Many cloud service providers are convinced that when it comes to the pricing of cloud computing services, it’s a race to the bottom. But a new survey of 550 IT professionals conducted by Peer 1 Hosting, a provider of hosted IT services, suggests that at least half of the customers surveyed are wary of cloud hosting services that are priced too low.
Under the heading of "you get what you pay for," half of the respondents said they would not switch hosting providers for a less expensive option. Over 50 percent said they would eschew a price cut if it meant a reduction in the quality of the service being provided. In fact, both security and customer services ranked highest in terms of what IT professionals are looking for from their hosting providers.
Unfortunately, over 60 percent of IT professionals also revealed they don’t have access to a dedicated hosting account manager to help them manage their requirements on a day-to-day basis. In addition, nearly a quarter had no on-premise support from their hosting provider, with a further third receiving no live support during the provisioning process.
From the perspective of IT service providers, the most interesting thing about that is the majority of IT professionals surveyed were willing to pay extra to receive both 24/7 telephone support and live support during the provisioning process. They also indicated they would pay extra for dedicated account managers and on-premise support.
Of course, while half the market is clearly looking for more hand-holding in the cloud, other research suggests that the other half of the market is fairly price sensitive. Amazon, for example, just revealed that Amazon Web Services (AWS) saw a 15 percent increase in revenue quarter after quarter, which was also a 40 percent year over year increase. As a result, Synergy Research Group estimates Amazon's combined cloud infrastructure (IaaS) and app platform (PaaS) revenue share of the total market was 27 percent in the third quarter, which Synergy Research Group says is more than twice the size of any other cloud rival.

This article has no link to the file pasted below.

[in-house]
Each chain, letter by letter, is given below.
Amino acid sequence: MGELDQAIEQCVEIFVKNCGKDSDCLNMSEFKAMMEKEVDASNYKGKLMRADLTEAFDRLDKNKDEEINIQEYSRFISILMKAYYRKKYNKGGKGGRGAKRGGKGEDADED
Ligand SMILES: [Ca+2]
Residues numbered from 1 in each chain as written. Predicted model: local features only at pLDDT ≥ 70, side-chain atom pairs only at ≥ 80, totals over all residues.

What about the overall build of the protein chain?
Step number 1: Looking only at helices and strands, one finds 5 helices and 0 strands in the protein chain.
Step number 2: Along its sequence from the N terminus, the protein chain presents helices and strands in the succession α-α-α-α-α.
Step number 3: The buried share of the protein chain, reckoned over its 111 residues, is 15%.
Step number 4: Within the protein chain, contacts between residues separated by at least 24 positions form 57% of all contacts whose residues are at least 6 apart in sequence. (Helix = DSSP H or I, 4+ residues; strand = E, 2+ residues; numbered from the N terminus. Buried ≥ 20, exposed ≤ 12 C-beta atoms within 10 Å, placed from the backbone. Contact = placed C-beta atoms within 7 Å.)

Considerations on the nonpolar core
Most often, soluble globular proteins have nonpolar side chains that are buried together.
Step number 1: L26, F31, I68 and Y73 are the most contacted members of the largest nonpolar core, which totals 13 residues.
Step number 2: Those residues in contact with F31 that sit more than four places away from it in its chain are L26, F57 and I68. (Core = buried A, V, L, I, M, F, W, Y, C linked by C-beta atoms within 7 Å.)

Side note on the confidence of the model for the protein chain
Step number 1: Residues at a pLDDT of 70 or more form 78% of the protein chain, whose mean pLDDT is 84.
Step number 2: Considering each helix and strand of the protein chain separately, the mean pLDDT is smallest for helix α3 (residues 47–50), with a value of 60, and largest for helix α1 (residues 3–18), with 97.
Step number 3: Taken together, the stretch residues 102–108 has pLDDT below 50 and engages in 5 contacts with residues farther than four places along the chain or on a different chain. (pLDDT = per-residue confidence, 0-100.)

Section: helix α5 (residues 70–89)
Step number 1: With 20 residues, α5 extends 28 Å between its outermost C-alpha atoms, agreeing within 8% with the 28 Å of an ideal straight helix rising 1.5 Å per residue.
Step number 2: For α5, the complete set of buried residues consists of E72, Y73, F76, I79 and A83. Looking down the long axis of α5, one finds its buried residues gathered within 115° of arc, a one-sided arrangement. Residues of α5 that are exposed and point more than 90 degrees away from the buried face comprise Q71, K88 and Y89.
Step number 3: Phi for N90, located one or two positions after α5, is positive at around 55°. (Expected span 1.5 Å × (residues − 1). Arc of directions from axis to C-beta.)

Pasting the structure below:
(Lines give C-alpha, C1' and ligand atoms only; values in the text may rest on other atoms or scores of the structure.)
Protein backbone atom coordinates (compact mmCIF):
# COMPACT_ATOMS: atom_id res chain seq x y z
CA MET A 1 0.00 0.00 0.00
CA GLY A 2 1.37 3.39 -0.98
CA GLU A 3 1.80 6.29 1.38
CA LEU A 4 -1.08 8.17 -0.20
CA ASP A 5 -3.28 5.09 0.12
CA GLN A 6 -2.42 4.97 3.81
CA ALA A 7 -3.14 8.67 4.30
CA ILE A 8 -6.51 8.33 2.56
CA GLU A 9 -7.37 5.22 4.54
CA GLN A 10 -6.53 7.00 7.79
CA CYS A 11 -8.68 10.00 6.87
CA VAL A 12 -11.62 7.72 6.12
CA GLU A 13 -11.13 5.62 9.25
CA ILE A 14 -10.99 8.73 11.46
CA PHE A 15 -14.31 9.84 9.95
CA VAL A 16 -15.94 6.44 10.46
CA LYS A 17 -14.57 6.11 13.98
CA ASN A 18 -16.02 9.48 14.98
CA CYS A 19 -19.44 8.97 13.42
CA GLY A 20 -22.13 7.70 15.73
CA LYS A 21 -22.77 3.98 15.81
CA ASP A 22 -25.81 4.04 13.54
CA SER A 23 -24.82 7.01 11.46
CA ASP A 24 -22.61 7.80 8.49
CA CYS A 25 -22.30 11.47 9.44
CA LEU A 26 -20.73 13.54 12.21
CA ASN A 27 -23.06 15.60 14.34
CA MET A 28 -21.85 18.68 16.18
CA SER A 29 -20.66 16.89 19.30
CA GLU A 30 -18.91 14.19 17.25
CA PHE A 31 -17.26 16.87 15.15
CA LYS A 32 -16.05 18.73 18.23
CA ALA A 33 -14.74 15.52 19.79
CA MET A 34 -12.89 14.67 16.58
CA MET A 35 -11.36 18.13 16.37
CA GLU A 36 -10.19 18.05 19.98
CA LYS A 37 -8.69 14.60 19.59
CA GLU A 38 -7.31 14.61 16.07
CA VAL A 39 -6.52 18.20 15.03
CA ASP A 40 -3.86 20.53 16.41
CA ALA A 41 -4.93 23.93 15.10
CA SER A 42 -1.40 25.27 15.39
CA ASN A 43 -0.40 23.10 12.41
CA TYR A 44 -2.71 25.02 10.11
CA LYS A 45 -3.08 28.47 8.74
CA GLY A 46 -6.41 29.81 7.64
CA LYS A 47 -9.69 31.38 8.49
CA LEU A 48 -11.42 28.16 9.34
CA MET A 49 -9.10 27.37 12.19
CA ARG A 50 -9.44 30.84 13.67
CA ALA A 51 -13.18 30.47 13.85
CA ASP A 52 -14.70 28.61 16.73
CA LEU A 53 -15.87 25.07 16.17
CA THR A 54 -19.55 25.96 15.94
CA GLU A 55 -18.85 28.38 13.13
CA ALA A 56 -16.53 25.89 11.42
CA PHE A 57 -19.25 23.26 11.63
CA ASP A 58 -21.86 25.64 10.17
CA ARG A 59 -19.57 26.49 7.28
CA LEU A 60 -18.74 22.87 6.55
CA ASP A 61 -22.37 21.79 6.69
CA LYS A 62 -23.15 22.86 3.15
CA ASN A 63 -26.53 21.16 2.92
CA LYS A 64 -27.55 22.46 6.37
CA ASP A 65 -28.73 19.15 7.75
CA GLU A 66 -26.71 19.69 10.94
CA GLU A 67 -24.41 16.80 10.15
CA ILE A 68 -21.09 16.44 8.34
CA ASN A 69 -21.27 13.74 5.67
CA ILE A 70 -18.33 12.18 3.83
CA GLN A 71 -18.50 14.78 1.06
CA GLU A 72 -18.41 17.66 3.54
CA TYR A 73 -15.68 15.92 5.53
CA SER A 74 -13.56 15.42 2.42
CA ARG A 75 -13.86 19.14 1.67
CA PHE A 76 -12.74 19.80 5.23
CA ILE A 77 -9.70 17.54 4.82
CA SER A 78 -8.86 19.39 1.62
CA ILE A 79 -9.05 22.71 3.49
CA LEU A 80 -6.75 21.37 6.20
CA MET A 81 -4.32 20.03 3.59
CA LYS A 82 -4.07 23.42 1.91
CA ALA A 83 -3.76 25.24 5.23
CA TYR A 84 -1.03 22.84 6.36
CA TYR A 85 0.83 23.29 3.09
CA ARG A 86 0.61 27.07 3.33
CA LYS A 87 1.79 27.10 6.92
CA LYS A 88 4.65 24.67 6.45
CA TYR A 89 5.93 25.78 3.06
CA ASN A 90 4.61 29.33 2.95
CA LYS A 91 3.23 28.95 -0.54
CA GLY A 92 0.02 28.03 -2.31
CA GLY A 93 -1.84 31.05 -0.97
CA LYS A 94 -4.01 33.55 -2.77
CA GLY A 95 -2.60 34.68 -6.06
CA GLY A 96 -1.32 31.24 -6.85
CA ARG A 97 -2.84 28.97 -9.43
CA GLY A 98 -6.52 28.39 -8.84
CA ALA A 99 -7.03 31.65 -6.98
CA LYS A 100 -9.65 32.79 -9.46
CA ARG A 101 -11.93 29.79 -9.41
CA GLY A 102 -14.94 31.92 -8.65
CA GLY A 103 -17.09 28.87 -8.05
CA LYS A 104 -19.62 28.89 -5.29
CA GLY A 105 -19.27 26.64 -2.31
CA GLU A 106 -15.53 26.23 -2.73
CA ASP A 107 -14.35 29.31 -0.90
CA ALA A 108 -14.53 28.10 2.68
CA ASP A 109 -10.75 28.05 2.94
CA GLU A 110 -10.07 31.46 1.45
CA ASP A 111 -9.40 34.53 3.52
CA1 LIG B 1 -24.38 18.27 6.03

Meanwhile, Microsoft, which has become a lot more aggressive under the leadership of CEO Satya Nadella, reported a 128 percent year over year growth in its commercial cloud business, which Synergy says puts its share of the market based on revenues at just above 10 percent. IBM, meanwhile, reported an 80 percent increase in revenue for the quarter to gain a seven percent share of the market. The next biggest players, says Synergy, are Google, Salesforce.com and Rackspace.
With the cloud market itself worth somewhere north of $15 billion it is clear two classes of customers are emerging. There are customers with a lot of internal developer talent and cloud expertise that don’t need much help from an IT service provider. As such, they are more likely to be a little hard-nosed about pricing.
But more than half of the market clearly wants more hand-holding, which means that there’s roughly more than $7 billion in cloud revenue that is less likely to be the province of larger service providers such as AWS that pride themselves on being “faceless entities” in the cloud.